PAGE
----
Lisl Ponger produced three of the six staged images shown here especially for this exhibition, but her earlier works also fit the theme, because Ponger has been concerned with these issues for a long time.  Composing such pictures takes a lot of planning effort and research (including searches for artifacts on auction websites and flea markets to ensure the proper setting).   She photographs with an analog camera and then has the negatives directly transposed onto the material in the light boxes, so unlike with digital photos there is no room for correcting mistakes with editing software.  The staging has to be precise, as does the lighting and all else that is required for crisp photographs with great depth such as these.

Observing the observer

Anthropologist  Bronisław Malinowski  coined the term participant observation.    Anthropologists, he argued, should be in direct contact with their subjects of observation to properly understand and describe a different culture.  Lisl Ponger´s self-portrait, in which she is looking at herself in a mirror, reflects a criticism of ethnologists, who, according to some, can only observe other cultures through their own cultural mirror.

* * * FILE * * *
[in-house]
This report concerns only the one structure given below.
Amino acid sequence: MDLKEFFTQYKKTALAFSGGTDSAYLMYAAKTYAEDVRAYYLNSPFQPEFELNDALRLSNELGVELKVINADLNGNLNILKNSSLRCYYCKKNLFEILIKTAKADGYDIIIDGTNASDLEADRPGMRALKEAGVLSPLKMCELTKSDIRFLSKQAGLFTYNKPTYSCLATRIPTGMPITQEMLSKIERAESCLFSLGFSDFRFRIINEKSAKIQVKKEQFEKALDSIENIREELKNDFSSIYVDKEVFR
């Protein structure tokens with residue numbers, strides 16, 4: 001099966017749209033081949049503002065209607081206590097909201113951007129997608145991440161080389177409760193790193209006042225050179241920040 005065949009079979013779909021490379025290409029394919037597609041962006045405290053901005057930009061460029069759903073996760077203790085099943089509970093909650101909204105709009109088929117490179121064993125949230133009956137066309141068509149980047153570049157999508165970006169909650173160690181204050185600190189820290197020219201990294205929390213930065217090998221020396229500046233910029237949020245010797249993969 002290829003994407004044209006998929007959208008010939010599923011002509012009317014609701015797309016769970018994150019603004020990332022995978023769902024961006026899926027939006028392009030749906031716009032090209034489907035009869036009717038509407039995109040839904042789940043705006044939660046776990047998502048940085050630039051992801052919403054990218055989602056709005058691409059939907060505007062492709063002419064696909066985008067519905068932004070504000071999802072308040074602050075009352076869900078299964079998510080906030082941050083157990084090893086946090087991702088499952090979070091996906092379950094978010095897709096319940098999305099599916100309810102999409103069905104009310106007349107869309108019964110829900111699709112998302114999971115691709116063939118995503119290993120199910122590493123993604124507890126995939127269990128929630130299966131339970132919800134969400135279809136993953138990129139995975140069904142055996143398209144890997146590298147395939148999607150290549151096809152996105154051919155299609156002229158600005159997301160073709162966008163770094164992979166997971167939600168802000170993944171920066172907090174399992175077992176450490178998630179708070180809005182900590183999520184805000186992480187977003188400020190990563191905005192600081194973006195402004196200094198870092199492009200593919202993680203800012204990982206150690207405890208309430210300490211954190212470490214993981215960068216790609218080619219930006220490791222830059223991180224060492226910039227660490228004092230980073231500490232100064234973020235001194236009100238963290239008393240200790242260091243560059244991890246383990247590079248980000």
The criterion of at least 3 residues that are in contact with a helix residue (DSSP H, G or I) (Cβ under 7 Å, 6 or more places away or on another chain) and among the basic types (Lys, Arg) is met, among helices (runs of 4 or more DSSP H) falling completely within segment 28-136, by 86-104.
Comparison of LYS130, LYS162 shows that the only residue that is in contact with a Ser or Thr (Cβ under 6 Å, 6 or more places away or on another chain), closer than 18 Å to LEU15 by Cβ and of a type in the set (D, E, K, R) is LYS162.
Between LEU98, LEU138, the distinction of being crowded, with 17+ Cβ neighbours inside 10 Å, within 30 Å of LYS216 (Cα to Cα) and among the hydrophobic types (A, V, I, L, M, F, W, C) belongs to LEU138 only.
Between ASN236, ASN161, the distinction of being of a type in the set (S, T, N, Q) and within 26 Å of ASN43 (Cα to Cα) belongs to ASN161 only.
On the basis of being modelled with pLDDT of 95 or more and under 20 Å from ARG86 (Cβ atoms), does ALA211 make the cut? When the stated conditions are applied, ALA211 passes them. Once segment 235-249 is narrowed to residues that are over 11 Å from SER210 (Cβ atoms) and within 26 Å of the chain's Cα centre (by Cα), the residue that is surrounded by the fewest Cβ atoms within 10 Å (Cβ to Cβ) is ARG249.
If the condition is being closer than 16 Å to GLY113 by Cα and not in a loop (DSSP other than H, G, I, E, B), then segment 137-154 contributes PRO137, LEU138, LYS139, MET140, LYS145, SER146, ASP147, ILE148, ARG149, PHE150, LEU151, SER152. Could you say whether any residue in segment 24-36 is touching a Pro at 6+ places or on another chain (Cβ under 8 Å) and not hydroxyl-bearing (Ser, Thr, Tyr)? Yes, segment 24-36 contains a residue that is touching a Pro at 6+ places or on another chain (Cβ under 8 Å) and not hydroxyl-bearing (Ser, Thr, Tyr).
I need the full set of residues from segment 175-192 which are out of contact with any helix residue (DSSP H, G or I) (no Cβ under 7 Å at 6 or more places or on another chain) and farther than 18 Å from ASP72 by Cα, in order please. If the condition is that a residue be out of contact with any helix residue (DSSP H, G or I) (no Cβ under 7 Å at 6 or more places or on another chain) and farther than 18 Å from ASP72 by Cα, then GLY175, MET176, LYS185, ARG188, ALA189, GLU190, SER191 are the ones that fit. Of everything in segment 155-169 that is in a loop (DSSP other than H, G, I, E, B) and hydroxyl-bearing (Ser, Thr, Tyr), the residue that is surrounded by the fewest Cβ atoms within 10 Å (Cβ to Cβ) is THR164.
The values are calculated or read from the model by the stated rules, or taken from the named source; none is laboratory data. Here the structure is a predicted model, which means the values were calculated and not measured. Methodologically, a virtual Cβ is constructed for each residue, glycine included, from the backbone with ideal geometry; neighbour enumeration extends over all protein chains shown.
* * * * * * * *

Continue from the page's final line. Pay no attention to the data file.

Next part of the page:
Participant observer
Lisl Ponger as Participant Observer (2016)


The photographer does not exempt herself from this: “I myself am part of what I am criticizing,” she says.  The fabric on her dress is accordingly symbolic: an African wax print with eyes, another piece of fabric strews on the floor with an image of a camera, and tennis shoes that stare at you through comic eyes — all objects Lisl Ponger found during her eternal search for artifacts.